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Should you document your workplace injury if you're undocumented?

Do you know at least 10 out of every 100 workers in the United States are undocumented immigrants? In fact, immigrants without legitimate residency statuses comprise nearly 4 percent of the nation's population. Obviously, many of these millions of people earn incomes through gainful employment. Immigrant workers are just like any other workers in America, some have jobs in labor industries and others have business careers. Also just like many other employees throughout the nation, many immigrant workers are at risk for injury on the job.

Rectifying problem situations regarding immigrant legal statuses

Perhaps you're one of many immigrants who have been living in California for decades. Since arriving in this nation, you obtained a college degree, acquired gainful employment and are well on your way to saving enough money to put a down payment on the house you hope to purchase. Throughout recent years, as you made plans for your future in the United States, a particular issue has been nagging at your heart, mostly because you worry what the outcome will be if you try to resolve it: You're undocumented.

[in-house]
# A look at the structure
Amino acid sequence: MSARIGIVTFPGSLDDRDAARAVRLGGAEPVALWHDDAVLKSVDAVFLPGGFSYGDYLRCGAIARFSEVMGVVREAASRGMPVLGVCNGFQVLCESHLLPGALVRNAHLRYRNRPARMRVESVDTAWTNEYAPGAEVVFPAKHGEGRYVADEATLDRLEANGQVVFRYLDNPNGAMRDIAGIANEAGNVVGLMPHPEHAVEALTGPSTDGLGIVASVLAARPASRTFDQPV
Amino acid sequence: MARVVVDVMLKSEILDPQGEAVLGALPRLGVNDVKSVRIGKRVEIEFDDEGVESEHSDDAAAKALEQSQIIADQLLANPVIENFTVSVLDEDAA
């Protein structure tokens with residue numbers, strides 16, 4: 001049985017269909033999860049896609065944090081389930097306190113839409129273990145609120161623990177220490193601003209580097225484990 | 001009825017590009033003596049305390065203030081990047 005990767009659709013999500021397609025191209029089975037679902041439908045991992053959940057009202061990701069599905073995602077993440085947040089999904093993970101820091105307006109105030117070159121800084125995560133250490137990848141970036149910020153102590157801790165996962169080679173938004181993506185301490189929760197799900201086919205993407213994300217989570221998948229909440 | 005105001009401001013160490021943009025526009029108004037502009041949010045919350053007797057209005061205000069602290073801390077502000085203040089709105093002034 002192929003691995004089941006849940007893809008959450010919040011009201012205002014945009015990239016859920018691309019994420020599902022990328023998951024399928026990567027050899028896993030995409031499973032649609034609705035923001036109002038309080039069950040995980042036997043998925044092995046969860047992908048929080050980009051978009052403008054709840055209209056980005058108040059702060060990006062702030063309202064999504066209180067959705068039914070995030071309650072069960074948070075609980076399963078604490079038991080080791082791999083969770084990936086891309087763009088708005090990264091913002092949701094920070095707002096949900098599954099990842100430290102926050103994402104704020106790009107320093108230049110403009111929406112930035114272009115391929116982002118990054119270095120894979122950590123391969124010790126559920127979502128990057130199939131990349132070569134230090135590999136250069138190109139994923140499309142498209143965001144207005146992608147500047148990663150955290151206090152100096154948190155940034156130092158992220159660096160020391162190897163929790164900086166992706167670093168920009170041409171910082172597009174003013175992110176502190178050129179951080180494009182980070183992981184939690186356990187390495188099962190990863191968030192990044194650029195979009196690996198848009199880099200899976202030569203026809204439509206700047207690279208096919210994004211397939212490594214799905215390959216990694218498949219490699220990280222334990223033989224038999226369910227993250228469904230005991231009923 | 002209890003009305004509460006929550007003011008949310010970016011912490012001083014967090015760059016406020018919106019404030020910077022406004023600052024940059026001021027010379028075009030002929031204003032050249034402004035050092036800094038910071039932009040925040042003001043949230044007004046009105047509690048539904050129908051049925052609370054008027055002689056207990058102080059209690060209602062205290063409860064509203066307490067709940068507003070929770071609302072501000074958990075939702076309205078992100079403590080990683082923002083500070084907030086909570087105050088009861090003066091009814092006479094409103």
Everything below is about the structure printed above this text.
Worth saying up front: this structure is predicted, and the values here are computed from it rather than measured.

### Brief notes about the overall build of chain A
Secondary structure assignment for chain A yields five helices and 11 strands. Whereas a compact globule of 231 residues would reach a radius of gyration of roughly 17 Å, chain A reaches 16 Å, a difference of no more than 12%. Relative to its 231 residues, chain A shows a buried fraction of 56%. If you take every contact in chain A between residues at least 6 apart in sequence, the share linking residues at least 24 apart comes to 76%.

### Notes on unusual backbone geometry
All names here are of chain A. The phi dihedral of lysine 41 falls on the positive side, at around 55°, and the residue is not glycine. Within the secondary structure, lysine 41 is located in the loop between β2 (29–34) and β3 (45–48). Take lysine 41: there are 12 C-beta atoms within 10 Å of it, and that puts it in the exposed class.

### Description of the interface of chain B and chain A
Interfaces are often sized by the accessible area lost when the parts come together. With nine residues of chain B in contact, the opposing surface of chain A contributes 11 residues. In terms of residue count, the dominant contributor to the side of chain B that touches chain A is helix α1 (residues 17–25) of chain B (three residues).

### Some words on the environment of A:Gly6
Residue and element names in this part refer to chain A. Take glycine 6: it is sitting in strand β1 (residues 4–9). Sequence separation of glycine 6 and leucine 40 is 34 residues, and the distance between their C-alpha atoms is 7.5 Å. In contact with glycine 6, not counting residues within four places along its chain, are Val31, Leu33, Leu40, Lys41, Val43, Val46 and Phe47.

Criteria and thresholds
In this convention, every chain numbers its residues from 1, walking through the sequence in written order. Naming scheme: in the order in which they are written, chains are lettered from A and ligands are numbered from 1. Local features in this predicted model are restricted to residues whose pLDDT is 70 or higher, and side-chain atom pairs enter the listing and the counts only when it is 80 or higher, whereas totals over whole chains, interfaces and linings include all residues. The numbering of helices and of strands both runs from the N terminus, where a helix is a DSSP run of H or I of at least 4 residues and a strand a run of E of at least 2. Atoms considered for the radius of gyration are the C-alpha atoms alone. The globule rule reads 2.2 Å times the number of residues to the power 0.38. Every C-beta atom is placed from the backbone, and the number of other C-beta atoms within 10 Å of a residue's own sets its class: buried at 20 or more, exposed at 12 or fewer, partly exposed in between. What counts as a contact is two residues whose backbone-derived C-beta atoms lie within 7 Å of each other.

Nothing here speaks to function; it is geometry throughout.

Should an undocumented California worker document a work injury?

You came to California some time ago. You escaped imminent danger and extreme poverty in your country of origin. Since then, you managed to build a healthy, successful life here for yourself and your family; yet, each year continues to bring challenges and worry because you remain undocumented. Perhaps part of your concern pertains to your job. What if you get injured in a workplace accident? How might your status affect your ability to seek medical attention or receive workers' compensation benefits? 

How can I marry my non-U.S. citizen fiance?

If you are a citizen of the United States, regardless of whether you were born in Asia, the Middle East, India or another foreign country, you may want to bring your fiancé to the United States to be married. With the necessary knowledge, legal support and guidance, you can achieve this and then work on getting your new spouse's permanent residency arranged, which would enable you to build a future in California.

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